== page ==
1) Supplementary feeding of birds
More than half of the World's population now lives in towns and cities. The result is that for many people their interactions with wildlife are distant and dilute. Yet urban ecosystems can be incredibly diverse, providing habitats to species of conservation concern and natural history interest.
From an academic perspective, urban areas also provide an opportunity to explore fundamental questions in ecology, providing a tractable system for studying interactions at a range of trophic levels, and how each is affected by human intervention.
Key questions we ask:
- What is the nature of supplementary feeding? Who feeds, how much?
- Which species benefit, who loses?
- Are there indirect consequences of supplementary feeding for non-target species?
- How does habitat isolation resulting from urbanisation affect host-parasite interactions?
- Is there a relationship between urbanisation and the complexity of insect communities?
- Can we replace lawns with pollinator-friendly flower lawns?
- Can we provide habitat corridors for urban species of conservation concern?
2) Uncovering the hidden world of cats!
There are more than 10 million pet cats in the UK, and most live in urban and sub-urban areas. Despite how much we know about their home lives, we still have relatively little idea what they get up to when they leave through the cat flap.
The study aims to compare the movements of cats in an urban environment with those living next to a green area to see if this affects how far they roam. We are also interested in recording any "gifts" brought back home to see if this varies with how far they are roaming from their home. This builds on our previous work, so we have much experience in tracking cats and working with their owners to find out more about their the hidden life of their pets outside of their homes!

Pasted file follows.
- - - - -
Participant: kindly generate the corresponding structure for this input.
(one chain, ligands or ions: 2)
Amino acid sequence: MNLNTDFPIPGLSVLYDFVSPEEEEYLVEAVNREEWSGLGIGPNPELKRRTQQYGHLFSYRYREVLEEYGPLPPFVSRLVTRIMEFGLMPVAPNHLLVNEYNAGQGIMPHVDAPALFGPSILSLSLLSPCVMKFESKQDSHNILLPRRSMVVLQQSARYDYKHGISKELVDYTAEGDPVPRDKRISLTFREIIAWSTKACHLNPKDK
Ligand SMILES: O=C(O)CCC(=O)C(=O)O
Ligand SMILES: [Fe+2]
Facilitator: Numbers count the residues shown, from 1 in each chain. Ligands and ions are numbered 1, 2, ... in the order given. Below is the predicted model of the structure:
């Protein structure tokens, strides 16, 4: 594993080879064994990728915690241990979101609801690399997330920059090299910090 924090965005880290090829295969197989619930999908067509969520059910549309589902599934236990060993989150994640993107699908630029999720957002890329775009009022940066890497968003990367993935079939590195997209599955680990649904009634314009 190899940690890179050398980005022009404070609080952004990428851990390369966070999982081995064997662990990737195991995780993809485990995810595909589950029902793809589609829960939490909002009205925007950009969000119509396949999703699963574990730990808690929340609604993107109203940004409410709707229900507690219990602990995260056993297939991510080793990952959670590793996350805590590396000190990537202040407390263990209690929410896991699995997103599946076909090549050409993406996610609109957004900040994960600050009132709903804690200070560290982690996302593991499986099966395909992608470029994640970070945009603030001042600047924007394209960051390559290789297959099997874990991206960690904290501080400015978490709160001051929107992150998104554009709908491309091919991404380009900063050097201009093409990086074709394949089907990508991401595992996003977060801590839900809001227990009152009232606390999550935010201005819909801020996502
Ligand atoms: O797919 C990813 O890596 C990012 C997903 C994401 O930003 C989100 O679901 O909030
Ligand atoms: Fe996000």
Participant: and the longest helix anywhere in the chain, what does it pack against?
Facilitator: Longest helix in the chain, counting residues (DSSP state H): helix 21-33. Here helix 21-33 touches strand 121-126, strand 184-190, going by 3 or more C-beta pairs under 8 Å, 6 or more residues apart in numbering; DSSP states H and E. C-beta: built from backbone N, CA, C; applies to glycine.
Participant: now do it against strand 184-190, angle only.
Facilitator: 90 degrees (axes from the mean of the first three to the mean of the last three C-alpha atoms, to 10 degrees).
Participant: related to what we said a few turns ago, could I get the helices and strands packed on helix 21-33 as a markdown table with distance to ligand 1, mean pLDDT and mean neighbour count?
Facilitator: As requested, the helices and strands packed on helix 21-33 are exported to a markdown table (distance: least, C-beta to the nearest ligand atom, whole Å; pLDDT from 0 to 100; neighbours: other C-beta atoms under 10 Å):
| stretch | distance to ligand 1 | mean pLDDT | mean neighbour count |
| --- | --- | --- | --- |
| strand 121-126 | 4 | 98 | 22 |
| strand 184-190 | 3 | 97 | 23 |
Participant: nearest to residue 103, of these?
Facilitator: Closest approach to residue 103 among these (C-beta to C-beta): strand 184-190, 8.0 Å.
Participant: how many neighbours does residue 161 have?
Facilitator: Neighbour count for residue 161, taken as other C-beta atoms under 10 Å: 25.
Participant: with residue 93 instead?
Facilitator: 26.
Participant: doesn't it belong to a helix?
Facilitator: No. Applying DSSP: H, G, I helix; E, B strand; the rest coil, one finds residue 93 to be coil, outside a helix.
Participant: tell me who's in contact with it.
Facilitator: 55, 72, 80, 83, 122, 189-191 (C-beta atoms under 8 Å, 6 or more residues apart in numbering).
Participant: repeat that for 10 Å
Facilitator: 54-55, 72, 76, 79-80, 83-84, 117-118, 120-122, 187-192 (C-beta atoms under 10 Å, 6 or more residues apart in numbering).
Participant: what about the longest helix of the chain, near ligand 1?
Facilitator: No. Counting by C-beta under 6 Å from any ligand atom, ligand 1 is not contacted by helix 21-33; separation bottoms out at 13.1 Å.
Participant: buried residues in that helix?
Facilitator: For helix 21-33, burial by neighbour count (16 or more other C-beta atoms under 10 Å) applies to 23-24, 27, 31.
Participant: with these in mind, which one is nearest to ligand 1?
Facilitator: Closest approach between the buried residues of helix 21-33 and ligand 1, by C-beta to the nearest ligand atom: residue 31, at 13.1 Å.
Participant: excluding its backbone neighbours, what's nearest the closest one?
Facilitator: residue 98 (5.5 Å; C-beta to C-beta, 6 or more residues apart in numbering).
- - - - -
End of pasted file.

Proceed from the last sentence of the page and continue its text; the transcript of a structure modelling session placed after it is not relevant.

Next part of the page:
Many cat owners are interested in helping to protect wildlife, therefore we hope by understanding cat movement in more detail, we may be able to provide information which may help both cats and wildlife, by providing insights into what will help reduce the risks to cats when they are roaming, and how we may manage habitats to help protect birds and small mammals.
We are looking to recruit 140 cats from across 10 different sites, with 70 cats living at the boundary of a green site and 70 living a kilometre from a green boundary (we think that habitat might affect how far they roam). A small GPS device will be attached to a breakaway collar, so we can track the movements of your cat over a week each month. The study will be conducted over a year so we can compare movements throughout the different seasons. We will provide every owner with a detailed map of where their cat has been, what habitats they prefer and when they like to visit them, and how their cats compare to other cats in the study.
If you have had a leaflet through your letterbox and are interested in uncovering the secret world of your cat, please contact Dr Tara Pirie (firstname.lastname@example.org) for more information about how you can get involved. We look forward to welcoming you (and your cat!) to our team.